"Interestingly, the women came from two Latin cultures, which seemed to be something that Max is drawn to in some subliminal way. It's implied that his wife, Laura, is Italian and that Carla is Puerto Rican.

"I felt his wife should be foreign because I didn't want English and the command of the language to be the first choice of communicating with her husband. By bringing in the fact that she teaches ballet, we were able to add the musical world so she could communicate more through music. This way she doesn't have the glibness and command of English that a modern American woman has, where she might say 'let's talk' and the situation is then explained and realized through dialogue. As an Italian, she would have a different way of dealing with men and dealing with problems of life."

"For me, the plane crash is irrelevant," says Rossellini. "It could have been any life-threatening accident. The crux is that someone went to the edge of the horizon, the other side of the rainbow so to speak, and now he sees everything with a kind of crystal clarity. Laura is quite fascinated by Max's new persona, but the fact that he doesn't allow her in to share it leave her frustrated and angry.

In summing up his cast, director Weir says, "I've dealt more with character in this picture than I have in any other movie. By the end of filming, I had really come to think of them as a theatre company, such was the ensemble nature of the group.


The company spent a month filming in and around San Francisco at such diverse sites as a stately apartment on Russian Hill, a modest home in the Mission District, the North Beach's landmark Church of Saints Peter and Paul, a rooftop in the financial district, a ferry traversing the bay and an abandoned freeway ramp, victim of the 1989 Loma Prieta earthquake.

Explains Weir, "San Francisco was new ground, a city of mystery and of fascinating architecture. I selected locations which I thought had not been used before because I wanted to see San Francisco the way Max would see it, freshly. Not the high-rises, but the details that you don't see because you don't look up much. And I thought Max would be looking up and noting these things. Then, through Carla, I found myself filming lots of churches and church architecture, spires and the like.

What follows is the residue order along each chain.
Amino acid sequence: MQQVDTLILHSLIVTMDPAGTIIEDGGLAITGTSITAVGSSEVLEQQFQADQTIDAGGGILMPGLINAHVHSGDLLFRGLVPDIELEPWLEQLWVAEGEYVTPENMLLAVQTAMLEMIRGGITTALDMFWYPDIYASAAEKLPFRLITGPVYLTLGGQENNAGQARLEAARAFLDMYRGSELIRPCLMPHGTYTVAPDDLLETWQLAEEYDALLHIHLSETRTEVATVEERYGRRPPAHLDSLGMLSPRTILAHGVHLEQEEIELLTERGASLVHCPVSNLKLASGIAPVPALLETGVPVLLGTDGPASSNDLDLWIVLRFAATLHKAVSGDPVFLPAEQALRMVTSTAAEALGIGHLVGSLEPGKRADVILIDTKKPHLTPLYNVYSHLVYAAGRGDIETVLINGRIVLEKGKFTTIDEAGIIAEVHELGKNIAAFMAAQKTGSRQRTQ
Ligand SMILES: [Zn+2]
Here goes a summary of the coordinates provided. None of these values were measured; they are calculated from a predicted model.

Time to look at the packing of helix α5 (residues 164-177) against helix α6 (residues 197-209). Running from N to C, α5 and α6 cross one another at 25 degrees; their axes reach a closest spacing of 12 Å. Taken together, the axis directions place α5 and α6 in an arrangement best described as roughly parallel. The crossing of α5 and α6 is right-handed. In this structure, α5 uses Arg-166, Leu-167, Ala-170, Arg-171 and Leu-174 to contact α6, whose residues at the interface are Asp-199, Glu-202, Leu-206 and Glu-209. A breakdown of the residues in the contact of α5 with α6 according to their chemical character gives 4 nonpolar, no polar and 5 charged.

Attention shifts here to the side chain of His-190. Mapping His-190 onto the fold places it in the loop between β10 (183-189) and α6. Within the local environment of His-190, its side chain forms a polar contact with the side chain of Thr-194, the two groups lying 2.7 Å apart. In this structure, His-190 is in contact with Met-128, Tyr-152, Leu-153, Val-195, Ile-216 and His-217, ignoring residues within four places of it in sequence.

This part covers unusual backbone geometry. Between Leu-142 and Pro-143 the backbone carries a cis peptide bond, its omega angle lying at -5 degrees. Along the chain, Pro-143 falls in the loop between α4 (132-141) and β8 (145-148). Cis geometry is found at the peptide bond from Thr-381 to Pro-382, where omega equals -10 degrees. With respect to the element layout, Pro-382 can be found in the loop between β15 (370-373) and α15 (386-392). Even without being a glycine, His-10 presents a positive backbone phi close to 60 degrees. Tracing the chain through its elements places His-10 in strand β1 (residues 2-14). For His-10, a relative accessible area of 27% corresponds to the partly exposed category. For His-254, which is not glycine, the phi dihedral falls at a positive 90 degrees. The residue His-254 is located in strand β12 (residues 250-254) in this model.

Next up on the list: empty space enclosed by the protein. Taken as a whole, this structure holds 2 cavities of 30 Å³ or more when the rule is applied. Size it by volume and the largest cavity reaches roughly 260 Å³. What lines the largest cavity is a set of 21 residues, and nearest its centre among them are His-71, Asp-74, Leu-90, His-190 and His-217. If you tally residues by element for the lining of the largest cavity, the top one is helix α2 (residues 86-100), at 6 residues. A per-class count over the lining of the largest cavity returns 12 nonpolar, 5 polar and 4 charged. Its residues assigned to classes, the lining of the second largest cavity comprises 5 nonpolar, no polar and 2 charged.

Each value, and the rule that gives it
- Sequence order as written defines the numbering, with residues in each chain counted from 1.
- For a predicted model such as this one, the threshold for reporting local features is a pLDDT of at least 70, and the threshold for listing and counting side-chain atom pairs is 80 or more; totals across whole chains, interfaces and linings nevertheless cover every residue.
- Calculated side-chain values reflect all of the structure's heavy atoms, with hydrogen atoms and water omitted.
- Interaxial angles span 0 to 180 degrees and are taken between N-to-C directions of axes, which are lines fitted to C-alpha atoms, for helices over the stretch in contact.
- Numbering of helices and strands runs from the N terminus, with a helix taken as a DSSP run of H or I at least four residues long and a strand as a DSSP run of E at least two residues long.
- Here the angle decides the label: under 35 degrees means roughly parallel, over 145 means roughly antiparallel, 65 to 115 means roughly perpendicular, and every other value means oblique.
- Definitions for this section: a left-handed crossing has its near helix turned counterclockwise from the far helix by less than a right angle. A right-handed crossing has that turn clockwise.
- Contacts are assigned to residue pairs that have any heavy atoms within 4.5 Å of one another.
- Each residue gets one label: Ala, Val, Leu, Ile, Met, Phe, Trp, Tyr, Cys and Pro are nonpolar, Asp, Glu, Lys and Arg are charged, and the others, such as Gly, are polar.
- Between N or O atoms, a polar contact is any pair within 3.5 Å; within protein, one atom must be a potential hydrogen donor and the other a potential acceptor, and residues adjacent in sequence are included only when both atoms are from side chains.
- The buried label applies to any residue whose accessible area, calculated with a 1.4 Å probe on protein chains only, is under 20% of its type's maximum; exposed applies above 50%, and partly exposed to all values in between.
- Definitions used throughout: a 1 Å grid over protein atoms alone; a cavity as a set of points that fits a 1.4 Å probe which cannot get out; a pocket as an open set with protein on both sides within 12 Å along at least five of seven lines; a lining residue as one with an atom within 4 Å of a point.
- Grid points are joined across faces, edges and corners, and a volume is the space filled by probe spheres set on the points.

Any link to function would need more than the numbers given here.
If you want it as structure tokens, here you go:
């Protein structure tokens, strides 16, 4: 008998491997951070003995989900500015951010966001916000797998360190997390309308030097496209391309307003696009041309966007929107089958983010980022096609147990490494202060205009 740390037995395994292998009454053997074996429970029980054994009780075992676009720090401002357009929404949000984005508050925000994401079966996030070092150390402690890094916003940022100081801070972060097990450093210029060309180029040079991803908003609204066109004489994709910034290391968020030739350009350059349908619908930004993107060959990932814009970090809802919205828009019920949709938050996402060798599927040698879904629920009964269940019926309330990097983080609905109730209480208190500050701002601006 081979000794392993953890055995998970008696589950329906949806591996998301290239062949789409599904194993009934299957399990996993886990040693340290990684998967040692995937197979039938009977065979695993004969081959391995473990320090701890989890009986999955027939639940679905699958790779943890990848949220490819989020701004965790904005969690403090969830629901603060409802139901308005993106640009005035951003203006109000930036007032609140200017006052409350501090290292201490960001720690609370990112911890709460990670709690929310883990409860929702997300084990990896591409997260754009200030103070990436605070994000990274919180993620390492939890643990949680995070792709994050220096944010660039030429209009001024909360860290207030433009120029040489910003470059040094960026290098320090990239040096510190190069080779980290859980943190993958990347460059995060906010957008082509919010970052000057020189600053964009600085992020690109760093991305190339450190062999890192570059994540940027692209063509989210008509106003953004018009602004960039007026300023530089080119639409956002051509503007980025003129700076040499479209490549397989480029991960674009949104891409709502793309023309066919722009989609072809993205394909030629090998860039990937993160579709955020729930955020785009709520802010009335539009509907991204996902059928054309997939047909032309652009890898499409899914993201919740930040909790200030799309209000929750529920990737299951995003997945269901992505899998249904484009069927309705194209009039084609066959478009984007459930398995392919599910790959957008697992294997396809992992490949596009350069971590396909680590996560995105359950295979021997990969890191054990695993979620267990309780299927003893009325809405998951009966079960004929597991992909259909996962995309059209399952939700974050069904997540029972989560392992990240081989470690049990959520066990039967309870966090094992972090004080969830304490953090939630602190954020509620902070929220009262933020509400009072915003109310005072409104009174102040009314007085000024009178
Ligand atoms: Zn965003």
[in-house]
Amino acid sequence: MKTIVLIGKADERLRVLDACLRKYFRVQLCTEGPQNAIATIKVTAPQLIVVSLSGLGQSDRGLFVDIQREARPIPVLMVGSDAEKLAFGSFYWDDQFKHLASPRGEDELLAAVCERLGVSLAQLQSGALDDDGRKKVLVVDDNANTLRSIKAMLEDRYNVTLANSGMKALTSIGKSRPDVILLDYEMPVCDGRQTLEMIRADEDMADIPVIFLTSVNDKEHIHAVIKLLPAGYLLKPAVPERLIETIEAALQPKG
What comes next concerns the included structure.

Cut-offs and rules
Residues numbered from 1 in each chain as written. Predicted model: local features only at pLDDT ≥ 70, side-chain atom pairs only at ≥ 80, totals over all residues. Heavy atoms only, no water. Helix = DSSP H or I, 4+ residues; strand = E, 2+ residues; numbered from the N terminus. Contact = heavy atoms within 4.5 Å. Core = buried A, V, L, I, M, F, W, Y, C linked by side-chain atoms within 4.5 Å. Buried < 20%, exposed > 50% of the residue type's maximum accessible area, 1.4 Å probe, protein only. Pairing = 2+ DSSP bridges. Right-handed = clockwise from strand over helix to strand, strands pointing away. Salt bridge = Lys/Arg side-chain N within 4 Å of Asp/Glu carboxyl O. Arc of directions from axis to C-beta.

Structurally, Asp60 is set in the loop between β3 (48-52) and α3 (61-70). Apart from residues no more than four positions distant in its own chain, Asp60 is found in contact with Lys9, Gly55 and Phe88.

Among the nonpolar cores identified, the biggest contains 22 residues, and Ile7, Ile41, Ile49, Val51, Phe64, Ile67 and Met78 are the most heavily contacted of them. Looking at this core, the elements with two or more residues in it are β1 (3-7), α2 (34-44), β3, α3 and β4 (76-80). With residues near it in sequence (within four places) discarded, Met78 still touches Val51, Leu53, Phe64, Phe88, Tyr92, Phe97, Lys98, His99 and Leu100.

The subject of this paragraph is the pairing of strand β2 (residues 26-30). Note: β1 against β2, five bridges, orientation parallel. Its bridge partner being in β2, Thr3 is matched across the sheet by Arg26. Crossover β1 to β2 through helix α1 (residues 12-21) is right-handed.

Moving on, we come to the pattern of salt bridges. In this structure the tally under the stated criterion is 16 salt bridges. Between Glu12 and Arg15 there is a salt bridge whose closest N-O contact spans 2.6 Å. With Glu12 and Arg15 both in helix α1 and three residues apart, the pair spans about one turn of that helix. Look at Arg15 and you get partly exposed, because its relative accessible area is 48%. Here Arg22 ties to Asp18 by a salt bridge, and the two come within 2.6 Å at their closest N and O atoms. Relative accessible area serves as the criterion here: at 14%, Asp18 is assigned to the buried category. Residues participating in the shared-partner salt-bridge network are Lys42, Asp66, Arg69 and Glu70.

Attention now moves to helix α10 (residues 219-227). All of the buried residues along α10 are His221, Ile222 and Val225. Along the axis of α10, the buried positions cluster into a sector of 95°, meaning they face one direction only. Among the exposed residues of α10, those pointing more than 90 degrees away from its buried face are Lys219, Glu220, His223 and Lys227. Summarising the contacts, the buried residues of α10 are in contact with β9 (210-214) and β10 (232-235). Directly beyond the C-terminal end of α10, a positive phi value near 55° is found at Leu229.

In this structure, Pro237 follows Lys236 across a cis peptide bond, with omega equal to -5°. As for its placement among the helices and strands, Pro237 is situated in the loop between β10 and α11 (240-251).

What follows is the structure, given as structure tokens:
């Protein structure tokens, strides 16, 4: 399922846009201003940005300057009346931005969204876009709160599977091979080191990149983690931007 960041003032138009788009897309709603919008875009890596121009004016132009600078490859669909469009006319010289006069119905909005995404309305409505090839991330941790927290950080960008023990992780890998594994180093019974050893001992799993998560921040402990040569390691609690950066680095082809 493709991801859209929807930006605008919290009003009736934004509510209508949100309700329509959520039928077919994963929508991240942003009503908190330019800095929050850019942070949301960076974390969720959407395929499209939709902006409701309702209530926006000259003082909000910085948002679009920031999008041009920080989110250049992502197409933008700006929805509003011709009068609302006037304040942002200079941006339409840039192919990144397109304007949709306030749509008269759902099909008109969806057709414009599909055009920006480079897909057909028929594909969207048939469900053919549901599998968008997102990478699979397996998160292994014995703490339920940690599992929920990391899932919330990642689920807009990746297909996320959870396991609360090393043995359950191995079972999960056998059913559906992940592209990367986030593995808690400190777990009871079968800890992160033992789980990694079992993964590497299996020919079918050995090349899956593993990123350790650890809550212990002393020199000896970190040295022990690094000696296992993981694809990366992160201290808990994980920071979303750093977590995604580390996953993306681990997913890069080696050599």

"I watched a lot of movies filmed in San Francisco and found that, generally speaking, the point of view is towards the water, so I found myself facing the other direction. In turning into the city I was reminded of all sorts of places, the Meditteranean or Lebanon before the war -- even Greece at times, with the white houses hanging to the hillsides."

Charged with translating Weir's vision to celluloid was noted cinematographer Allen Daviau, who met with the director before even reading the script.

"He is so much a cinematographer's director," Daviau relates. "I met with him and we talked about visuals and immediately I got the drift of what he was saying. He wanted a clarity and solidity to the images and he didn't want anything that bordered on science fiction. He wanted Max to be experiencing hyper-reality and a type of perception that was very clear. We talked about it in technical terms and in conceptual terms and talked about all the things we could try.

"Once I had read the screenplay, I realized that what he and Rafe conceived was a fascinating portrait of a man in search of the truth. I knew that I would have to go for a purity of light in those scenes so that the modulation of light would convey the emotion of the scene.

"I'm a great believer," he continues, "that making a picture is a process of discovery. When you work with Peter Weir and he wants to go someplace and you go on the journey with him, you discover things along the way."

The person who perhaps more than any other shares Peter Weir's vision is his wife, Wendy Stites, who acted as the visual consultant on "Fearless".

"I'm a person who always thinks in colors," she explains, "and I think in most films the look evolves right out of the story. For example, on 'Witness', everything was green, blue, black and white because Amish have very strict rules about colors. So you could only have your walls blue or green, which I guess is to reflect nature.

"With 'Fearless', I found what evolved was the white buildings and the grey-white of the city. In some ways, San Francisco began to look like Tunis -- white and beige. And it somehow seemed to be reflecting in Max, like when he was walking through the city. I couldn't figure out if it was coincidence or a wonderful accident, but he seemed to be part of the city and the buildings."